Wondering if anyone here read this book? The Fall: The Insanity of the Ego in Human History and the Dawning of a New Era by Steve Taylor, about how and when the ego came into being.
The Fall is a major work that overturns mainstream current thinking on the nature of civilization and human nature. It draws on the increasing evidence accumulated over recent decades that prehistoric humanity was peaceful and egalitarian, rather than war-like and crude. It is not natural for human beings to kill each other, for men to oppress women, for individuals to accumulate massive wealth and power, or to abuse nature. The worldwide myths of a Golden Age or an original paradise have a factual, archaeological basis.
Looks interesting. It's got an intro by Stanley Krippner and Sciborg has linked to pro-psi articles that Taylor has written. He's written a lot of other books about the ego, like Back to Sanity: Healing the Madness of Our Minds.
Almost done with Swartz. The book has some pros and some good reviews on Amazon. but it failed to impress, mostly because the author is a tad bit too self-righteous. The presentation on the folly of desire and the inability to achieve happiness by pursuing the things of this world, even romantic love(which I agree) and his exposition of Karma Yoga are quite good. But then the author proceeds to lambast all other ways of attaining enlightenment, for example Zen Buddhism and Daoism and believes that all humans have a svadharma or some fixed calling, which btw was the cause of the caste system and its multiple inequities(Buddha opposed this concept). It is basically Vedanta with all the trappings of archaic Hindu tradition.
But then the author proceeds to lambast all other ways of attaining enlightenment, for example Zen Buddhism and Daoism and believes that all humans have a svadharma or some fixed calling, which btw was the cause of the caste system and its multiple inequities(Buddha opposed this concept). It is basically Vedanta with all the trappings of archaic Hindu tradition.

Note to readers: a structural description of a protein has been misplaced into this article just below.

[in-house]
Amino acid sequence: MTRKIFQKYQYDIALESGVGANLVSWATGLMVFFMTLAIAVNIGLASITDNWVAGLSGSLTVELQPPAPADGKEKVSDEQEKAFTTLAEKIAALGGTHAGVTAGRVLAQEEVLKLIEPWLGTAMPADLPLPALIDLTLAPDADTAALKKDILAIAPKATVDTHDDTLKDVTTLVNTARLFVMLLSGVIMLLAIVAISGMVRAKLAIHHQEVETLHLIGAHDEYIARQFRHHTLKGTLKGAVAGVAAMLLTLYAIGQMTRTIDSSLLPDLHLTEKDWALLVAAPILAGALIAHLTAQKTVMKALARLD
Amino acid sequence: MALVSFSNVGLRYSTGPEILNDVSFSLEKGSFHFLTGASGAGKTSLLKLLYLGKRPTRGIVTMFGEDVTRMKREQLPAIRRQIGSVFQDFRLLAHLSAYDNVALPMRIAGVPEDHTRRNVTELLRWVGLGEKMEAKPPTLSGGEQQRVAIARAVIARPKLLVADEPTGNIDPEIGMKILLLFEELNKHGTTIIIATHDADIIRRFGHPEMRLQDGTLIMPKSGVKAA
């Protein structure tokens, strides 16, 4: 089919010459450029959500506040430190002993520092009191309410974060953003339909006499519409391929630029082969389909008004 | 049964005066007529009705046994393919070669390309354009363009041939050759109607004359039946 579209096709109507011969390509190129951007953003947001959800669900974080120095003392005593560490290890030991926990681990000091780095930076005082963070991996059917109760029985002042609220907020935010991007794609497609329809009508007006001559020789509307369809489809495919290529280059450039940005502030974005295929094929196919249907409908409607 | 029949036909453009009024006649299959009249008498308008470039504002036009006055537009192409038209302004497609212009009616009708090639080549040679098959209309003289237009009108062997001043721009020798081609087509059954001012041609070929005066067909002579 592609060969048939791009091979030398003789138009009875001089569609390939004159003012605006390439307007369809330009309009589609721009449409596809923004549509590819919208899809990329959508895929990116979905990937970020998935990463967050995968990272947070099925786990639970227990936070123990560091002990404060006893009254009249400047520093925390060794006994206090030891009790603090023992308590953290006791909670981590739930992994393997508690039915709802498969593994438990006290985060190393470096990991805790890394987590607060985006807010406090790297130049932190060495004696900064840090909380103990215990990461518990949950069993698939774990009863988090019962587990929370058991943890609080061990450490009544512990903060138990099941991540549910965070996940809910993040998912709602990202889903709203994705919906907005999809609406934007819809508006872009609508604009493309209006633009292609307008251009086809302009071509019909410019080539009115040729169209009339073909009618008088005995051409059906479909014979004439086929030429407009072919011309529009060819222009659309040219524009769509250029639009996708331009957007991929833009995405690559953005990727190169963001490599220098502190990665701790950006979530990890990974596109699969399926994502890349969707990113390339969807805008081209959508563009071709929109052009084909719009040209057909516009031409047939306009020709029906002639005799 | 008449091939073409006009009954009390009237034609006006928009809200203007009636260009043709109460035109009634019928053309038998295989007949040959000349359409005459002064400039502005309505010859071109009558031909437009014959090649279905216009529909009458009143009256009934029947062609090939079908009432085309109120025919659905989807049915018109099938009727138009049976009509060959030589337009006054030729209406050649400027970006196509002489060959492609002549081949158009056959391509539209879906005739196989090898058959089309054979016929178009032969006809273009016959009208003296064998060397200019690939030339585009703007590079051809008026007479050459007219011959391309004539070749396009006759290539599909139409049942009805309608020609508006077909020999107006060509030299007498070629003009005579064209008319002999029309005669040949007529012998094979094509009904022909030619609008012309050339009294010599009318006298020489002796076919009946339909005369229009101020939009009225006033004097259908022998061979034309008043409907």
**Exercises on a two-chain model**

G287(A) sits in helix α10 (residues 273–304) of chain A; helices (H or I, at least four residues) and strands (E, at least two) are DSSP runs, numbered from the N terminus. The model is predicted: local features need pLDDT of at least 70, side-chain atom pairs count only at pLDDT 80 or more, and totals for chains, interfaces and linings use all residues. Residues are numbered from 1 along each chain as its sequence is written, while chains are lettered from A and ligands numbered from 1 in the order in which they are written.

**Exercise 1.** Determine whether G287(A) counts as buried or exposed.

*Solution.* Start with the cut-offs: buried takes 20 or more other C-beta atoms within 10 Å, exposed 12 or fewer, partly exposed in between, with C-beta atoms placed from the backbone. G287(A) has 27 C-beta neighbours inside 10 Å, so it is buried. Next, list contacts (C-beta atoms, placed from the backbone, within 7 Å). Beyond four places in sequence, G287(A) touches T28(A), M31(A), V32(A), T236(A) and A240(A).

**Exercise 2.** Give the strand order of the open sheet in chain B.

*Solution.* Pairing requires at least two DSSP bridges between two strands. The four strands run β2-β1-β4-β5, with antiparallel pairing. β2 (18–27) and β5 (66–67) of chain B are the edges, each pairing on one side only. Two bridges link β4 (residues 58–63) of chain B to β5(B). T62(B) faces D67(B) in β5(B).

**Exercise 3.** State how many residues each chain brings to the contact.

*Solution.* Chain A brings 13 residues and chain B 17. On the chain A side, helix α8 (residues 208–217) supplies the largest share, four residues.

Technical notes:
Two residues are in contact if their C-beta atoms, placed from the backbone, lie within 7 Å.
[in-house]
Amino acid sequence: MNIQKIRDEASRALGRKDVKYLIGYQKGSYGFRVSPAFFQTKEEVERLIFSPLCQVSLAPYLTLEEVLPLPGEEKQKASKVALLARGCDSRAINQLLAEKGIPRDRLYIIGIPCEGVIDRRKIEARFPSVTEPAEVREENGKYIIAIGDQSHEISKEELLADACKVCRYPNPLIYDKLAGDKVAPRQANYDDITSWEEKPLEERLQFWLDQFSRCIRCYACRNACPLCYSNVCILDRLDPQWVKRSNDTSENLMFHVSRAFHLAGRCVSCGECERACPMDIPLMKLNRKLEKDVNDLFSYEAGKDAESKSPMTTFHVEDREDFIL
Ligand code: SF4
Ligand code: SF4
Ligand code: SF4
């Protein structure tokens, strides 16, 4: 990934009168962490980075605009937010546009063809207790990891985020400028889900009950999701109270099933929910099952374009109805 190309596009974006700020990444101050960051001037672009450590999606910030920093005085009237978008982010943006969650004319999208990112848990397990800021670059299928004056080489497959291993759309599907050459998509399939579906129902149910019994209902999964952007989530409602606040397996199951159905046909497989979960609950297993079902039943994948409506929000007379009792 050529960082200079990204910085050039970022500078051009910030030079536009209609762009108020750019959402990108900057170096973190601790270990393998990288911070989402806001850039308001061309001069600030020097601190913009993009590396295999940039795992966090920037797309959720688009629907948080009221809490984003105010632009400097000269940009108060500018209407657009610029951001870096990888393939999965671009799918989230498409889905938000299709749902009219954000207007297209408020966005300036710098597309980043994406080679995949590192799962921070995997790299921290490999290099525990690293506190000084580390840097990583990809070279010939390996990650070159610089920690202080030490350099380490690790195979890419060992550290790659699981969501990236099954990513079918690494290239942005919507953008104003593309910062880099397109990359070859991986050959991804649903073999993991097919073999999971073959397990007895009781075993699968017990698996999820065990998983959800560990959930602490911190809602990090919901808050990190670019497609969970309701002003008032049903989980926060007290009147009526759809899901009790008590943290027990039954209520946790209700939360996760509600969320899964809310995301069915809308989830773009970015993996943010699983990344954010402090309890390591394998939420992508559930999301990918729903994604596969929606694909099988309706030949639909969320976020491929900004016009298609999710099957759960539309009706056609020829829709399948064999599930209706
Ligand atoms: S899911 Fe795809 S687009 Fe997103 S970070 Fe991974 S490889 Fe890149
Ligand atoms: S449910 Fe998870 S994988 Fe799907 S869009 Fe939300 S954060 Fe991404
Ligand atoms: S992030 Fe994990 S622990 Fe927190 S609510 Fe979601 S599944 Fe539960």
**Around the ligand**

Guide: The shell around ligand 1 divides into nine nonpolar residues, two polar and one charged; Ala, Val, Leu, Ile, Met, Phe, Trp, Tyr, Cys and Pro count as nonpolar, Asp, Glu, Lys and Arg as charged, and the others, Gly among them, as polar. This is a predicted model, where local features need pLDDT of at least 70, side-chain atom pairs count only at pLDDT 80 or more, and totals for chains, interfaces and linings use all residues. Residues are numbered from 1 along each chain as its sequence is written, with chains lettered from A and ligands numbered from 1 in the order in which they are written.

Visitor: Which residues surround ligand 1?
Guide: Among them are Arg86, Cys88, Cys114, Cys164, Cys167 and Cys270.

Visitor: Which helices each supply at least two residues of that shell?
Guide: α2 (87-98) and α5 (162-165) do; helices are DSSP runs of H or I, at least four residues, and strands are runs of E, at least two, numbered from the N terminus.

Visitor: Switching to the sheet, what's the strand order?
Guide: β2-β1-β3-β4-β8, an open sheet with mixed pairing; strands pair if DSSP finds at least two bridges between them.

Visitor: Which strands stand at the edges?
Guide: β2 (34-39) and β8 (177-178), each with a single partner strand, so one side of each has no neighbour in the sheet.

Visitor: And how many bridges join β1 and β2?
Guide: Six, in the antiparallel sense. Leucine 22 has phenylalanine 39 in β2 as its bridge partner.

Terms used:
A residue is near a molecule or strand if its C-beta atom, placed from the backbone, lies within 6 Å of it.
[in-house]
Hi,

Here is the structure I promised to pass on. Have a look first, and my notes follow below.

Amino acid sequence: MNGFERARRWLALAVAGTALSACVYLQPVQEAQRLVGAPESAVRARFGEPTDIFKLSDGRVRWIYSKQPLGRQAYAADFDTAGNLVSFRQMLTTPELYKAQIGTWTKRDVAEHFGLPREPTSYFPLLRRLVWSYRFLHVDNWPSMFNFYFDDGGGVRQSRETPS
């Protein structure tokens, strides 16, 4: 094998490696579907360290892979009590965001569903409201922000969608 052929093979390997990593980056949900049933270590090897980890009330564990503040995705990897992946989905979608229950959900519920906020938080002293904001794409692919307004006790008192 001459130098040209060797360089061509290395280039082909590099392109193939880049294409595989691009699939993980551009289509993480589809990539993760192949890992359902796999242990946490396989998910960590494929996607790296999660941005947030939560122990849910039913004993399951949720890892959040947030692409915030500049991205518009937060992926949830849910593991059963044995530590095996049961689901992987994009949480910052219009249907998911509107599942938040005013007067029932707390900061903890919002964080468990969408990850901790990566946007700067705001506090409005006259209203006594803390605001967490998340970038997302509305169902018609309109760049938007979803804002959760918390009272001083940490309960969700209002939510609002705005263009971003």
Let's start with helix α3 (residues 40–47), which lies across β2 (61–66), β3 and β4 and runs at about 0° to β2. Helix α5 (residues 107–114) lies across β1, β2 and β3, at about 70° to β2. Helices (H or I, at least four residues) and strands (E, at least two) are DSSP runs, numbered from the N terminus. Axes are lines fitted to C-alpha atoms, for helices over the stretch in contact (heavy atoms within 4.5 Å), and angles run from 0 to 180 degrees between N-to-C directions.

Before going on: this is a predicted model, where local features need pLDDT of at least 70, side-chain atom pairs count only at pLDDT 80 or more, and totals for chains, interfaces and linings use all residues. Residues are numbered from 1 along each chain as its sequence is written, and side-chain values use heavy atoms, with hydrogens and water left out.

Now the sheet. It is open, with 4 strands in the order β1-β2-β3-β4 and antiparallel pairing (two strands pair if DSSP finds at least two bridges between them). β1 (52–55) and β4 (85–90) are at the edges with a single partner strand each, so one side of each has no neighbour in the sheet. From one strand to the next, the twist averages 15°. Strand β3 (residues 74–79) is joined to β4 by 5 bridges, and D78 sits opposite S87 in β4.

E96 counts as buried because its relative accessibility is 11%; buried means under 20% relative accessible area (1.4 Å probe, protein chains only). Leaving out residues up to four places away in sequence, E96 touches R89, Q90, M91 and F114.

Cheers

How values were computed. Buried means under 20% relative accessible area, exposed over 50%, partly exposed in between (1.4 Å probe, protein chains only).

A really good book by a prominent Zen teacher who studied under Phillip Kapleau, that examines the doctrine of reincarnation from both a scientific and Buddhist perspective. Most folks on this forum are probably aware of parapsychology research, the emergence of mechanistic scientism and the observer effect in quantum physics, subjects which are explored in the middle of this book. The most interesting parts are at the beginning, where the author talks about his personal experiences during sesshin, an intensive meditation retreat, which include viewing a past life and sharing the consciousness of a pimp of all people, and the end where he presents the Buddhist view on karma, reincarnation and what components of the personality or self are incarnated. It has good reviews from B. Alan Wallace and Dean Radin.
In Gotama Buddha, Professor Hajime Nakamura embarks on a search for the details of the historical Buddha's life. He conducts an exhaustive analysis of both the oldest, most reliable texts and later biographies of the Buddha that contain mythological material.
Carefully sifting these texts to separate facts from embellishments, he constructs a biography that begins with the Indian historical context at the time of Buddha's Birth and takes the reader through all the stages of his life. Professor Nakamura also compares the oldest Buddhist texts with the earliest Jain and Hindu writings and finds surprising similarities that elucidate the significance of the historical Buddha. Archeological discoveries and factual elements from Buddhist art support Professor Nakamura's fascinating story.
Started up again and finished this one. I purchased it a while back before it became out of print and extremely expensive. I didn't realize until it was too late that this is only volume 1 of 2. Volume 2 is now going upwards of $340 used.
Fortunately I got this one, which is more condensed, a lot cheaper, an easier read and more informative about the general historical period. Both rely more on the older Pali Canon for building a likely historical portrait.